In this case, the plaintiffs, BAC Home Loans Servicing, L.P. ("BAC") and BSM Financial, L. P. ("BSM") sought a determination that the mortgage refinance loan they made to defendant Khambao Savankham Kennedy ("Kennedy"), should be binding as well on her adult children, who were also record owners of Kennedy's mortgaged property but were not asked to execute the new mortgage, on the grounds of mutual mistake. The complaint set forth three separate claims for relief: reformation on the basis of mutual mistake; declaratory judgment on the basis of mutual mistake, and quiet title on the basis of mutual mistake. Neither the complaint nor any subsequent pleading through the trial, held before me on March 1, 2016 and April 13, 2016, made any claim for equitable subrogation.
At the conclusion of the trial on April 13, 2016, I afforded the parties thirty days to file requests for findings of fact and rulings of law and other post-trial submissions. [Note 1] By a docket entry on April 13, 2016, the court directed that, "Parties are to file and serve any post-trial memoranda, proposed findings of fact and rulings of law within thirty (30) days, by May 13, 2016, after which the court will take the matter under advisement."
Neither party made any post-trial submissions within the time permitted. In my decision following the trial, dated July 6, 2016, I found that the plaintiffs had failed to prove sufficient facts to support their claim of mutual mistake. The court issued a judgment consistent with the decision, entering judgment against the plaintiffs on all three counts of the complaint. In the decision, I noted that the plaintiffs had made no claim for equitable subrogation, but that since I had raised the issue myself at trial and given the parties an opportunity to address it, I would address that issue in the decision. I did not reach the issue on the merits, however, due to the plaintiffs' failure to make any post-trial submissions on this issue.
Unknown to me at the time I issued the decision, the plaintiffs had sent, via e-mail, their requests for findings of fact and rulings of law, but had done so after the close of business on May 13, 2016, and they have informed the court, and I credit their assertion as true, that they also mailed their submission to the court on May 13, 2016. As e-mail submission is not a permitted manner of filing in the Land Court, and as both the e-mail submission and the mailed submission were made after the permitted time for filing, these filings did not conform to the court's instruction and need not have been considered by the court, even had I known about them. Notwithstanding the plaintiffs' failure to comply with the filing deadline, I acknowledge that I was not aware of either submission at the time I wrote and issued the decision, because the e-mail, coming late, had been missed, and because the mailed submission either never reached the court or was not docketed for some other reason unknown to me. As a result, although I could have disregarded the late-filed submission had I known it was made, the following statement in the decision proved to be incorrect: "I note that even after the issue was raised by the court, the plaintiffs neither sought to amend their pleadings nor did they address a claim of equitable subrogation in any post-trial submissions seeking such relief."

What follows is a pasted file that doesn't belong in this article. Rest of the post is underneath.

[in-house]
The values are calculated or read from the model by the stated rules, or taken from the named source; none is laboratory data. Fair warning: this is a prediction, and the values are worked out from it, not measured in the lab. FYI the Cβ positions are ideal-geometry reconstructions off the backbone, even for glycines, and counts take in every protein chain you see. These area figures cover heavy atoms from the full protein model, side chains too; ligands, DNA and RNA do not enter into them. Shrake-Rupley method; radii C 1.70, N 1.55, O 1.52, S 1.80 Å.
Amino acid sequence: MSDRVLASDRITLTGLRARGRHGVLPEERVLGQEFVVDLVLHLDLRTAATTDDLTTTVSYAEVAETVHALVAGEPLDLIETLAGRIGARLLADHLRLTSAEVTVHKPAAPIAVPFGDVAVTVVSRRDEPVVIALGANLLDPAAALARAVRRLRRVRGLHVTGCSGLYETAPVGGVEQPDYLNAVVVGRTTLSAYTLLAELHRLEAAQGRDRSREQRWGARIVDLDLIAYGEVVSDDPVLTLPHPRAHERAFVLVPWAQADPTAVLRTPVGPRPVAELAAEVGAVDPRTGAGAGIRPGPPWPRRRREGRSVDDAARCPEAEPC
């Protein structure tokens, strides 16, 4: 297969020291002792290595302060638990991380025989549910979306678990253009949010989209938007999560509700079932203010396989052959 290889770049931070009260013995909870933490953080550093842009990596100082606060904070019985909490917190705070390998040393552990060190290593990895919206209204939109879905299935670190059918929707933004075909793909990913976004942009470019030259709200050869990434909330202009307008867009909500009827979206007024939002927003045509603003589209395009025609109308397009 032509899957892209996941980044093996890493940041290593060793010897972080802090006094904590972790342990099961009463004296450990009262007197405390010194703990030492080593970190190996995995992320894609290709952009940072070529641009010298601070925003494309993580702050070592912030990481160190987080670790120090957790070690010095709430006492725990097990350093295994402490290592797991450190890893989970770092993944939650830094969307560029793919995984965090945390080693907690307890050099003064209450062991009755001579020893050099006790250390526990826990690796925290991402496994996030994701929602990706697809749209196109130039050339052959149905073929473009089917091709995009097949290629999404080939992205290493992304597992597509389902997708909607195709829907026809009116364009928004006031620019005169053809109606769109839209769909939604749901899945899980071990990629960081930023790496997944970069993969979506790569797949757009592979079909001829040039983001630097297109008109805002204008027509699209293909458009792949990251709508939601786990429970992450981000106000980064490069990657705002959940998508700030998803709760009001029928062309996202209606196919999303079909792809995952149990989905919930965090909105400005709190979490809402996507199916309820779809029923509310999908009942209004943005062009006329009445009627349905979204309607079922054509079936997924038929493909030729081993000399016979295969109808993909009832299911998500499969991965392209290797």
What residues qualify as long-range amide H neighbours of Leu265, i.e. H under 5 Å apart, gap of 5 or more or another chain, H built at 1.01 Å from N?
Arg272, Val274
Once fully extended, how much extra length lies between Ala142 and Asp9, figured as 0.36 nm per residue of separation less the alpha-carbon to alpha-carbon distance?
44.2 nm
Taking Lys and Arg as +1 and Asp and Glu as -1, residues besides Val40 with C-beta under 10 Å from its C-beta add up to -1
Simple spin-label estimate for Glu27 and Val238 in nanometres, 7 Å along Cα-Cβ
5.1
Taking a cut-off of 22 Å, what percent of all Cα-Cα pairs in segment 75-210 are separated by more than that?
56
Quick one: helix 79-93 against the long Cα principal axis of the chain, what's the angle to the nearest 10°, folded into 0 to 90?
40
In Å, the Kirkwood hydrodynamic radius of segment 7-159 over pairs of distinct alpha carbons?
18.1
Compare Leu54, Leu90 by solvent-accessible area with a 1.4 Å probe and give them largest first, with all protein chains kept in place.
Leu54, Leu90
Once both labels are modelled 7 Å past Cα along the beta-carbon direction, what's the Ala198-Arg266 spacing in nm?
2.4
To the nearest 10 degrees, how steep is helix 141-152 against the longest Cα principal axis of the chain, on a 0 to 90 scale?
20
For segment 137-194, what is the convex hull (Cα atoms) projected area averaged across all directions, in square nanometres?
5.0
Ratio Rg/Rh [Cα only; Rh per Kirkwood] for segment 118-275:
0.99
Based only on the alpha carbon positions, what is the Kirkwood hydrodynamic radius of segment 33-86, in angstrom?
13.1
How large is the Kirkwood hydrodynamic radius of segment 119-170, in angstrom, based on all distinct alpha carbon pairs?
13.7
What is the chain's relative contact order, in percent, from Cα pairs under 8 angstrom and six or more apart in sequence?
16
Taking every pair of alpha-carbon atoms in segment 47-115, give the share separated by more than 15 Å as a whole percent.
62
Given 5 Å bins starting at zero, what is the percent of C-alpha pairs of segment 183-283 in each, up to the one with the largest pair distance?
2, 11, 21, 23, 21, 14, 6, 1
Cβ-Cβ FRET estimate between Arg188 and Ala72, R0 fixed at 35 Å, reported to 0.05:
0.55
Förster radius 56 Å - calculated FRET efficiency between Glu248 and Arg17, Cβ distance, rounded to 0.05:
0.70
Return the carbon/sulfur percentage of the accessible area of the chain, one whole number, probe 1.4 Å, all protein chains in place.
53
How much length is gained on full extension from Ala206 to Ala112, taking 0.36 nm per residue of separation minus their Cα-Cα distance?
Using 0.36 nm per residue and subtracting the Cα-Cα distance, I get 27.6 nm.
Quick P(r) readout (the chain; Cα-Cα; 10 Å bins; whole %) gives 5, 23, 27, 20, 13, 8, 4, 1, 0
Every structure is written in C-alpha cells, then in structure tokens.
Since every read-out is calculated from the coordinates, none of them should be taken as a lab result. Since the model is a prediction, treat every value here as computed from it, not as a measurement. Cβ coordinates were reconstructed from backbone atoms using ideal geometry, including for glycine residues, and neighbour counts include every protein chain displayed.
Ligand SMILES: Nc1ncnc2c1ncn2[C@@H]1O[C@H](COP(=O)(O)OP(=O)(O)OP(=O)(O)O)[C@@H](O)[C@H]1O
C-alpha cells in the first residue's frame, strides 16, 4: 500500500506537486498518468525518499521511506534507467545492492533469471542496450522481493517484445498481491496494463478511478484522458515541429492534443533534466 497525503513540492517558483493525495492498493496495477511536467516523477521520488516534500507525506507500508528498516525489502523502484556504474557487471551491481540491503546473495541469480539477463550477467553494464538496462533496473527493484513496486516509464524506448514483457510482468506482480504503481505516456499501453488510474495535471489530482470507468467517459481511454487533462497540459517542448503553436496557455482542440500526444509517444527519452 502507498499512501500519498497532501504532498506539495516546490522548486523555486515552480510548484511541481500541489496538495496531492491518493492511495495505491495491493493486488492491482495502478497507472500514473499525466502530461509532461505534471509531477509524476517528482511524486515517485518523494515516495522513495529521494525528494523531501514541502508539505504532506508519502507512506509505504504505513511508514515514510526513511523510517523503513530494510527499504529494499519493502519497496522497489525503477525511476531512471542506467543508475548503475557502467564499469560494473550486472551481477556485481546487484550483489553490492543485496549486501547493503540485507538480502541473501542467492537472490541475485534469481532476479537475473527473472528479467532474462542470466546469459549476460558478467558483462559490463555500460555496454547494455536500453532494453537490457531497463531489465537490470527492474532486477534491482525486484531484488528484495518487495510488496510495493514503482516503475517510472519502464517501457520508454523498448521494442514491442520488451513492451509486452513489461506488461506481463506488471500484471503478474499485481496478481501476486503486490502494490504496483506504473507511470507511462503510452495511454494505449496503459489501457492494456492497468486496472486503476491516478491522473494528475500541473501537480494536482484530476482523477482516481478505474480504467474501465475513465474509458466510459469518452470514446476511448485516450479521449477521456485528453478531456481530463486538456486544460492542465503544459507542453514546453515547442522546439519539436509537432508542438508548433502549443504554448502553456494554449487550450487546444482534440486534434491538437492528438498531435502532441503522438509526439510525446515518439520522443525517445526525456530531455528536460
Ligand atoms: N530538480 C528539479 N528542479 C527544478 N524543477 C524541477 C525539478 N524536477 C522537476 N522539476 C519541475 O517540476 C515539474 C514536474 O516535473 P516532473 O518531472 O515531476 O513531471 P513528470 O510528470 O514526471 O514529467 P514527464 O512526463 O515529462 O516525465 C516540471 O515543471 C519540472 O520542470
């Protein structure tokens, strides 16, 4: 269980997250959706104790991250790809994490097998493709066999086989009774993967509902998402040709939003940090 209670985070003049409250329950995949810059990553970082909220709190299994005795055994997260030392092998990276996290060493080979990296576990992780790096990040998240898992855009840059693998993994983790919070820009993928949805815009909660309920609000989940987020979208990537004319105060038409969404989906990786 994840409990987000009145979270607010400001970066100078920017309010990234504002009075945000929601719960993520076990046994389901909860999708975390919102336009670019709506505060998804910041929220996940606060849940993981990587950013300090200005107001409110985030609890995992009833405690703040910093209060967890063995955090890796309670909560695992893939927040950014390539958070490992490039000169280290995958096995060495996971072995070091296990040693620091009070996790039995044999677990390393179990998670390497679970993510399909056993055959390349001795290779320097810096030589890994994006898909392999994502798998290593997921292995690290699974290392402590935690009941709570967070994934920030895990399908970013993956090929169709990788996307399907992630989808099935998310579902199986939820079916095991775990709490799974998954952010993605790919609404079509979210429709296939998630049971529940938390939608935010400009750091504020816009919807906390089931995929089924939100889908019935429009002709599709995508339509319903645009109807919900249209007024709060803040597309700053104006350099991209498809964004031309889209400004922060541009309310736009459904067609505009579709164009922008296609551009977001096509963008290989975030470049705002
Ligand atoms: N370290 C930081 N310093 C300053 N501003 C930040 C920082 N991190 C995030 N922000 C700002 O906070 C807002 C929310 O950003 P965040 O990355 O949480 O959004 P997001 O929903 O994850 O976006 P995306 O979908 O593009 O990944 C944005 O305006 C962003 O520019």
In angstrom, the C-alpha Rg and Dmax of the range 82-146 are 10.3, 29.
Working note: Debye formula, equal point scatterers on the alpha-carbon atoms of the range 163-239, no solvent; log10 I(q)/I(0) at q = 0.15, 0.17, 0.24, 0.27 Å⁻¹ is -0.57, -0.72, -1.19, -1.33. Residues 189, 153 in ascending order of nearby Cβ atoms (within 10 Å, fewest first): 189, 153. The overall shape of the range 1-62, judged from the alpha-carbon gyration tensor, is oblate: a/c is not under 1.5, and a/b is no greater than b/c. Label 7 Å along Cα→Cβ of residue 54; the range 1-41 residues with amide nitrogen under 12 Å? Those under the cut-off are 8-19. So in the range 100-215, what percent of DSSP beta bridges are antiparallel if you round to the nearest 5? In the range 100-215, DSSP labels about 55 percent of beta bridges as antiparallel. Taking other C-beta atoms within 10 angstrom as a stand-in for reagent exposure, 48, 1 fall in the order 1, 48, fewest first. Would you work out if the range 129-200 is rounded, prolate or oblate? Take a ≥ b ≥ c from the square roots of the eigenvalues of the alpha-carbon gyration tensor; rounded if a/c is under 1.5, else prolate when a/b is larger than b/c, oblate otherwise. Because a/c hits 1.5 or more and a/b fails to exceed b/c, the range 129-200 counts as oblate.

The plaintiffs have moved to amend the judgment, seeking reconsideration of the part of the decision denying their claim (never formally made in an amended complaint) for equitable subrogation. Treating the plaintiffs' motion to amend the judgment in part as a motion to file requests for findings and requests for rulings late, which motion to file late, I ALLOW, I now consider the issue of equitable subrogation on the merits.
Equitable subrogation is a doctrine providing that "[o]ne who fully performs an obligation of another, secured by a mortgage, becomes by subrogation the owner of the obligation and the mortgage to the extent necessary to prevent unjust enrichment." E. Bos. Sav. Bank v. Ogan, 428 Mass. 327 , 330 (1998), quoting Restatement (Third) of Property (Mortgages) § 7.6(a). Within the typical context of a case involving multiple mortgages, the effect of this is that a "new mortgage given by a mortgagor, who used the proceeds of the new mortgage to extinguish an earlier mortgage, may receive the same priority once given to the earlier mortgage." Id. The party bringing a claim for equitable subrogation must prove that "(1) the subrogee made the payment to protect his or her own interest, (2) the subrogee did not act as a volunteer, (3) the subrogee was not primarily liable for the debt paid, (4) the subrogee paid off the entire encumbrance, and (5) subrogation would not work any injustice to the rights of the junior lienholder." Id. (quoting Mort v. U.S., 86 F.3d 890, 894 (9th Cir. 1996)). Equitable subrogation is "a broad equitable remedy and, depending on the individual case, it may apply even where one or more of these factors is absent." Id. at 330.